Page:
Data Centers from Edge to Cloud
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Traditional data center, computer room, and server room cooling methodologies provide room-oriented cooling which provides an entire room with cold air from centralized units at one end of the room. This approach is acceptable when power densities are minimal and, therefore, there are few hot spots in a room. However, room-oriented designs are affected by room constraints including ceiling height, room shape, obstructions above and below the floor, rack layout, CRAC location, power distribution, etc.
With a row-oriented architecture, the CRAC units are associated with a row and are assumed to be dedicated to a row for design purposes. The CRAC units may be mounted among the IT racks, they may be mounted overhead, or they may be mounted under the floor. Compared with the room-oriented architecture, the airflow paths are shorter and more clearly defined. In addition, airflows are much more predictable, all of the rated capacity of the CRAC can be utilized, and higher power density can be achieved.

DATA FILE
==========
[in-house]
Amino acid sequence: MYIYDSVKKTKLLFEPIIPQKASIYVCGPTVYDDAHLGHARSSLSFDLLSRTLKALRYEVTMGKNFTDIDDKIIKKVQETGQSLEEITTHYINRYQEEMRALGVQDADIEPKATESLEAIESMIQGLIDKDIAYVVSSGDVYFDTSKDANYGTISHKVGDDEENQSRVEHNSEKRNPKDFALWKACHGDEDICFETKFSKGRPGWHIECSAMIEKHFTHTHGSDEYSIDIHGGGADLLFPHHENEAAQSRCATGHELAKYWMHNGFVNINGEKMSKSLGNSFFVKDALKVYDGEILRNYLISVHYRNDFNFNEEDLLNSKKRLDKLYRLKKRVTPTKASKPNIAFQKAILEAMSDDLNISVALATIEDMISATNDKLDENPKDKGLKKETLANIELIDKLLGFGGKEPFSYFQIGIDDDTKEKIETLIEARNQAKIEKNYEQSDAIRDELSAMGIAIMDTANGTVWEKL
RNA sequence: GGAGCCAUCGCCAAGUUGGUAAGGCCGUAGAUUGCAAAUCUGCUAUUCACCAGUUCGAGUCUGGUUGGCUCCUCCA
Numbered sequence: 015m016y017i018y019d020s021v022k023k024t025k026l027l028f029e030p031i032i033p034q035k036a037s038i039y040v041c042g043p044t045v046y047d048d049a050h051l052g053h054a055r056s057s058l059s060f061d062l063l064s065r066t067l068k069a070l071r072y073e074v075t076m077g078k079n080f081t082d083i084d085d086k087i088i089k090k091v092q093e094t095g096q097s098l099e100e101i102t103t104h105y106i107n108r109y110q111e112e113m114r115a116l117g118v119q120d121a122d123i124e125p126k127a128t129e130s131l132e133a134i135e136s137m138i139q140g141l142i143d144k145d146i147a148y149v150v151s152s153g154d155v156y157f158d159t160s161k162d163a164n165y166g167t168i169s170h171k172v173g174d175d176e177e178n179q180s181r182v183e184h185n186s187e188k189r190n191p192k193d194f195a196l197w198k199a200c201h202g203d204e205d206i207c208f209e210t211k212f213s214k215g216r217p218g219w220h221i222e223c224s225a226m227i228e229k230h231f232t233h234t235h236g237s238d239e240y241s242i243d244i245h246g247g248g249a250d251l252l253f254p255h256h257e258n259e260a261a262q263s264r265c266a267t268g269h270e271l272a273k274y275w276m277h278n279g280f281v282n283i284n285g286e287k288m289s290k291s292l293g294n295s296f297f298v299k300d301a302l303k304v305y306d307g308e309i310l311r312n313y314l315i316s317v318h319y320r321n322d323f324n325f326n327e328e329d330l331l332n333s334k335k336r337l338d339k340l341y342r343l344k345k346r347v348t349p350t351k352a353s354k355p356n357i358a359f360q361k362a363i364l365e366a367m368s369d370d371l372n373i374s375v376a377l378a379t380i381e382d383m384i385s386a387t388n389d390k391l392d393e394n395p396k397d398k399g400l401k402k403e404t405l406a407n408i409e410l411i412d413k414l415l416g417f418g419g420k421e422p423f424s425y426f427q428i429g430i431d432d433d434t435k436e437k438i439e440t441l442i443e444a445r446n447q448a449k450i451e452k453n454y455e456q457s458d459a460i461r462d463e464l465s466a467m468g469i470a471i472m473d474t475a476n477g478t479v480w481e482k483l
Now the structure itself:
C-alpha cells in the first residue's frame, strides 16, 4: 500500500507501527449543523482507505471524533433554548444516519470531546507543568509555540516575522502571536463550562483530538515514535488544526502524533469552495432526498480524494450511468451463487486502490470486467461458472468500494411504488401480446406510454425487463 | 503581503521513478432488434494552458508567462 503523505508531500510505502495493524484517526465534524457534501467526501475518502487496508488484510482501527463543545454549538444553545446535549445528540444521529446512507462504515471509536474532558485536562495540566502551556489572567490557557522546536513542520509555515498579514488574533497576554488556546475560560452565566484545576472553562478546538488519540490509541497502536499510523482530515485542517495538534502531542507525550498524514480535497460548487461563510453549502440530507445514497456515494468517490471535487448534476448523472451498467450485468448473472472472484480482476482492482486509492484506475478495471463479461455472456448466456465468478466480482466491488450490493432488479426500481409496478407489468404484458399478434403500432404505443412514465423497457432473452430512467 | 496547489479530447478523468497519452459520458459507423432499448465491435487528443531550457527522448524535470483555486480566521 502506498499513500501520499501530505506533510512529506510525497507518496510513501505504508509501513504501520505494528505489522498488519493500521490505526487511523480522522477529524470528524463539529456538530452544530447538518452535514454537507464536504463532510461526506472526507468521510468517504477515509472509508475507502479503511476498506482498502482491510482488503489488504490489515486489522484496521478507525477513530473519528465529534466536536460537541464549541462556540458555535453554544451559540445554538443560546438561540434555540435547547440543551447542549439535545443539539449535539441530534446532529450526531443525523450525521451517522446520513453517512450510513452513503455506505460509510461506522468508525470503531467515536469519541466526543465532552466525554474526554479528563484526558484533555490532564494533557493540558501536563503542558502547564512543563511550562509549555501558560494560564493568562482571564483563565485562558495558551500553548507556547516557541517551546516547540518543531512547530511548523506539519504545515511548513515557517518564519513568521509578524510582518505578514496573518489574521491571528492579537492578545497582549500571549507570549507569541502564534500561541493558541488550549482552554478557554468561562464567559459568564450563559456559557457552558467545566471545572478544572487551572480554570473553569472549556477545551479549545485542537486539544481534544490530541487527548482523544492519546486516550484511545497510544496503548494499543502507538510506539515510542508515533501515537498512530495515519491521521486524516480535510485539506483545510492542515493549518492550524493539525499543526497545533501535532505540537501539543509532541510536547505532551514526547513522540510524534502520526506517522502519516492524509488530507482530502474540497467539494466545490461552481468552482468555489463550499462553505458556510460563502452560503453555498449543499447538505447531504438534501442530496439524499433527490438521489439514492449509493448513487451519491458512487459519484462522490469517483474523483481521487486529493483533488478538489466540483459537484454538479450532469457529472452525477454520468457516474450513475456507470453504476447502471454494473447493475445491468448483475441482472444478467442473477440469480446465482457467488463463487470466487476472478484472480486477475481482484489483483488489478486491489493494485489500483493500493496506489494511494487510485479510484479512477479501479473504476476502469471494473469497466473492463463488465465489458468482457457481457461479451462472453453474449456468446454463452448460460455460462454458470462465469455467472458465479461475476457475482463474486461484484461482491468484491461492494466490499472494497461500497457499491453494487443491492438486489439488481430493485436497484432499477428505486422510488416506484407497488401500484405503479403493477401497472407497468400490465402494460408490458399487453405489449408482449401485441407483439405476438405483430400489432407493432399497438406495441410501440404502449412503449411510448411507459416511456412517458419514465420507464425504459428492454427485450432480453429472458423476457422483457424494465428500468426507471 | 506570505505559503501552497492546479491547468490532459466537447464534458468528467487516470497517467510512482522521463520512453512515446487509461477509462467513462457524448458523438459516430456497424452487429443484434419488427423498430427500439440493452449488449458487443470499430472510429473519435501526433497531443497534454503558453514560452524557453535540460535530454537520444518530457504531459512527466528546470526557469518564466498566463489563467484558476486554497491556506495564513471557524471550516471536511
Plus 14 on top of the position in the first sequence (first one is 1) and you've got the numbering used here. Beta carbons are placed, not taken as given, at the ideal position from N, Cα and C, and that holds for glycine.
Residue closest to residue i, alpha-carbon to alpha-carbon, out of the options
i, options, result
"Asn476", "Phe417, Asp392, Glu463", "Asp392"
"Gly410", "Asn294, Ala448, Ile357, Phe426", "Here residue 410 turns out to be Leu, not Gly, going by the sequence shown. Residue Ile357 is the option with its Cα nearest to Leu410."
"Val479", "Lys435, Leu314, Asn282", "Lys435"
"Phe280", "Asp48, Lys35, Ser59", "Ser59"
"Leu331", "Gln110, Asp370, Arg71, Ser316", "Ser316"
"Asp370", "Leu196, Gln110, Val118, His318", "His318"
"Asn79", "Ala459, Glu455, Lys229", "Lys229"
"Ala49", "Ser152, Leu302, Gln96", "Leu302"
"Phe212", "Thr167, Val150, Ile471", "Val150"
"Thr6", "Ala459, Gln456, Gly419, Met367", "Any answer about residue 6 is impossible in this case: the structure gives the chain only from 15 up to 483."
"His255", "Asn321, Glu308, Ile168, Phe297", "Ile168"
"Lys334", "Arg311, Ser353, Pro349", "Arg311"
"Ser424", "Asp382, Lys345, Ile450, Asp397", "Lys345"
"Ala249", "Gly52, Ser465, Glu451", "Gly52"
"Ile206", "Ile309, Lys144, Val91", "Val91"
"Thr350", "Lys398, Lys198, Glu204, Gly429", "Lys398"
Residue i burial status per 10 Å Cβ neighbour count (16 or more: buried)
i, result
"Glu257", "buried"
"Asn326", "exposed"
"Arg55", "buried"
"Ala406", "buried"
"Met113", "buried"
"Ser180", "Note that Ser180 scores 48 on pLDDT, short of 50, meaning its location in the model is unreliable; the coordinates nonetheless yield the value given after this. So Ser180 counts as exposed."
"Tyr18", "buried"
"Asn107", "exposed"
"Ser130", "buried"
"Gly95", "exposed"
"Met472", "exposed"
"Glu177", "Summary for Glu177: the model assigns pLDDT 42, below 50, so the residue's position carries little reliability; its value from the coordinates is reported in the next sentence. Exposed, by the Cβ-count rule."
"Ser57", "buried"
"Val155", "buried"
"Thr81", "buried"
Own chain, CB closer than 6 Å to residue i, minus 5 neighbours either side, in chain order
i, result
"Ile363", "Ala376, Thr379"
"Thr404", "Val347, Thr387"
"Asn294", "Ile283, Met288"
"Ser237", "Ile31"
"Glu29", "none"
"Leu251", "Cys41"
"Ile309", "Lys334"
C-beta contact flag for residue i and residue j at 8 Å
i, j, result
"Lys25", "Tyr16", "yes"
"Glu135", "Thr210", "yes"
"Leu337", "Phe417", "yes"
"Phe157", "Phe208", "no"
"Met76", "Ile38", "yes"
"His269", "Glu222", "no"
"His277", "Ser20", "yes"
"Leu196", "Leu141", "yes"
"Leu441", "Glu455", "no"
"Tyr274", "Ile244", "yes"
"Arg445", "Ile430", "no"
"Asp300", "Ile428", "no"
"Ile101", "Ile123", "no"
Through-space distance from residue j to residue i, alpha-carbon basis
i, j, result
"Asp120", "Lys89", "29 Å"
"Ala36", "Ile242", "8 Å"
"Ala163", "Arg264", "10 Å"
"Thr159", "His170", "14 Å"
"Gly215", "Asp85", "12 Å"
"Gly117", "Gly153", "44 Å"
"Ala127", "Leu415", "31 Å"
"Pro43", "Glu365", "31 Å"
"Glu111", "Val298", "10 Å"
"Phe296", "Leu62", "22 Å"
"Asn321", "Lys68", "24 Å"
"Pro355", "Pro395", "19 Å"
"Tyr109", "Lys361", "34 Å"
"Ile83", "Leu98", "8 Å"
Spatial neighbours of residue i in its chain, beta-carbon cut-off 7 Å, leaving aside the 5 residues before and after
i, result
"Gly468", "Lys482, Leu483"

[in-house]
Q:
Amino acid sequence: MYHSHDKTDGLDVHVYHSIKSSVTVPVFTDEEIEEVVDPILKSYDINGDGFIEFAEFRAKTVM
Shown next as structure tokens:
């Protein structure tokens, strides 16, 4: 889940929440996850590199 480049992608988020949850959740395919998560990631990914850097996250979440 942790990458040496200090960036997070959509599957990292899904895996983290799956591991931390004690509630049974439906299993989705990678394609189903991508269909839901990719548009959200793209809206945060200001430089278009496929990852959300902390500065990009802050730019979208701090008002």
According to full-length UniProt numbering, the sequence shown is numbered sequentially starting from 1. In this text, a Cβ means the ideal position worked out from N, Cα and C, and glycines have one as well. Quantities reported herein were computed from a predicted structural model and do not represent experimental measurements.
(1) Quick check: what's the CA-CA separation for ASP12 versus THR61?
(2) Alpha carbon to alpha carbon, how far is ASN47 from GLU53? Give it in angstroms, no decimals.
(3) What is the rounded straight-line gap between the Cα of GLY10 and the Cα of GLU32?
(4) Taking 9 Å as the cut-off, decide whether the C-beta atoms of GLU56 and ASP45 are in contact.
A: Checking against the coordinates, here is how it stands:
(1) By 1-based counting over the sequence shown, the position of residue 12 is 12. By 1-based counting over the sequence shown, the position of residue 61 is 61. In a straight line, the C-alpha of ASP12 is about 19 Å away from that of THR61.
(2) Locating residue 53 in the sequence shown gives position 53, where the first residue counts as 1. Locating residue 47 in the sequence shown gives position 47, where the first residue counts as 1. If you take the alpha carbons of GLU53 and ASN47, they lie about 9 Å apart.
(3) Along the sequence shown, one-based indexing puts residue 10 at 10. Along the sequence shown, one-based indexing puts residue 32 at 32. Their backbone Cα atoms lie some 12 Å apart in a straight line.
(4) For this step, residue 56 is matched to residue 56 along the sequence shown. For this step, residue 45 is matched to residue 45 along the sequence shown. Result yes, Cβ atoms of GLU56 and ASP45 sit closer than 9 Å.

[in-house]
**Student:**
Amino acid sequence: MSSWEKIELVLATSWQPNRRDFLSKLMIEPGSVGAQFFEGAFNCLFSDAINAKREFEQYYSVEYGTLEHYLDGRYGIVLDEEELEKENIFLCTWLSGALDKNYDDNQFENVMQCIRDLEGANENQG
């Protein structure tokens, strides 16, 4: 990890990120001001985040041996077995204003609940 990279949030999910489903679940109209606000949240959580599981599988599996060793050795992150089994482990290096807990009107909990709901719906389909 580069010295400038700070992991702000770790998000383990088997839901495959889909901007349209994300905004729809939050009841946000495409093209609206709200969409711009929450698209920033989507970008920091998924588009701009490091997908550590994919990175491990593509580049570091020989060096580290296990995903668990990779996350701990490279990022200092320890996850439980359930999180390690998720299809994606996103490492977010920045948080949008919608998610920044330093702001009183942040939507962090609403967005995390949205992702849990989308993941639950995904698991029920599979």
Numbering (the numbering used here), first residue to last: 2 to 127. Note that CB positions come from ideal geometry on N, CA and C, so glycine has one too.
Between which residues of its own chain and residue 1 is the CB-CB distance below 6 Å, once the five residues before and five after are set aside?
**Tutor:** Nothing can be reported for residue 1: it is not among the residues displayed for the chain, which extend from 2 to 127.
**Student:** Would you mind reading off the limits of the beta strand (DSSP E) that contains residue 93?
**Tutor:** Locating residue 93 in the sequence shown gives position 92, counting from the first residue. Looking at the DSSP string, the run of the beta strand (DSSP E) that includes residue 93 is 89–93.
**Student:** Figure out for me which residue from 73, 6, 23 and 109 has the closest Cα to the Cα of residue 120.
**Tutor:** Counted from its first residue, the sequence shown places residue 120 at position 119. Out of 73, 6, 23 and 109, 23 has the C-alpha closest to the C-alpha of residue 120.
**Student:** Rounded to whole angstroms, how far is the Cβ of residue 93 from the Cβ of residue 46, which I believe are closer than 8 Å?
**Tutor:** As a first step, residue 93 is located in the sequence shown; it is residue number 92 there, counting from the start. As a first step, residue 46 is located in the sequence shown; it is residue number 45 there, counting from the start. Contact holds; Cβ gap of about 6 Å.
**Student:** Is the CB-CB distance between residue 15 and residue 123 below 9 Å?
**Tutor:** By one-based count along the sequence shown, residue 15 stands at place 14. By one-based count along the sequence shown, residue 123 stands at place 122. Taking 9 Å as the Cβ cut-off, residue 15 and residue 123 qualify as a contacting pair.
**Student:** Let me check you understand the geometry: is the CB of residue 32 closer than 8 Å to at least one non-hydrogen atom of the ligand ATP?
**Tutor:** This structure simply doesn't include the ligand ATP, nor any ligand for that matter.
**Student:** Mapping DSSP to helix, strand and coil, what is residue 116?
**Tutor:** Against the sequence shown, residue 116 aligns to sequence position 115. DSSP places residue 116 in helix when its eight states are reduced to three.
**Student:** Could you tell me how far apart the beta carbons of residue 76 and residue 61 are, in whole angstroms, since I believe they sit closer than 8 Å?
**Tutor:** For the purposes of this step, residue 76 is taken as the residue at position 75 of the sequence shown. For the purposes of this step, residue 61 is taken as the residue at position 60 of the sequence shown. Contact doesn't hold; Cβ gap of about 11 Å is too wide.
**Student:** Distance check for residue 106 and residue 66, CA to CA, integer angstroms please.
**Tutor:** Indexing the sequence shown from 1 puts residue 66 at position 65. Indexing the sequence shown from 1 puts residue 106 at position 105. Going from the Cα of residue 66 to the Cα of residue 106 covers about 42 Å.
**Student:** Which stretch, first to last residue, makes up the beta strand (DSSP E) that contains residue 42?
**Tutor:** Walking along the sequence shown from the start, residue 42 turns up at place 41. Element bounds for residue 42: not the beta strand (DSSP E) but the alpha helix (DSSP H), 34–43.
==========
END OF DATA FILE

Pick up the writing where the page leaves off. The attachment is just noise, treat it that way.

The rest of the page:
- The reduction in the airflow path length reduces the CRAC fan power required, increasing efficiency.
- A row-oriented design allows cooling capacity and redundancy to be targeted to specific rows.
- Row-based cooling allows a data center, computer room, or server room to be implemented without a raised floor.
- In-Row cooling allows for varied room designs and constraints. For example, load-bearing supports can be managed at the row level rather than trying to handle at the room level.
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You shouldn’t have to compromise when it comes to your data center. Our expert team assesses your unique needs, and then employs a proven data center plan that reduces the amount of support infrastructure you will need.
The result is higher efficiency, reduced complexity and better resiliency at lower cost… all at the same time.
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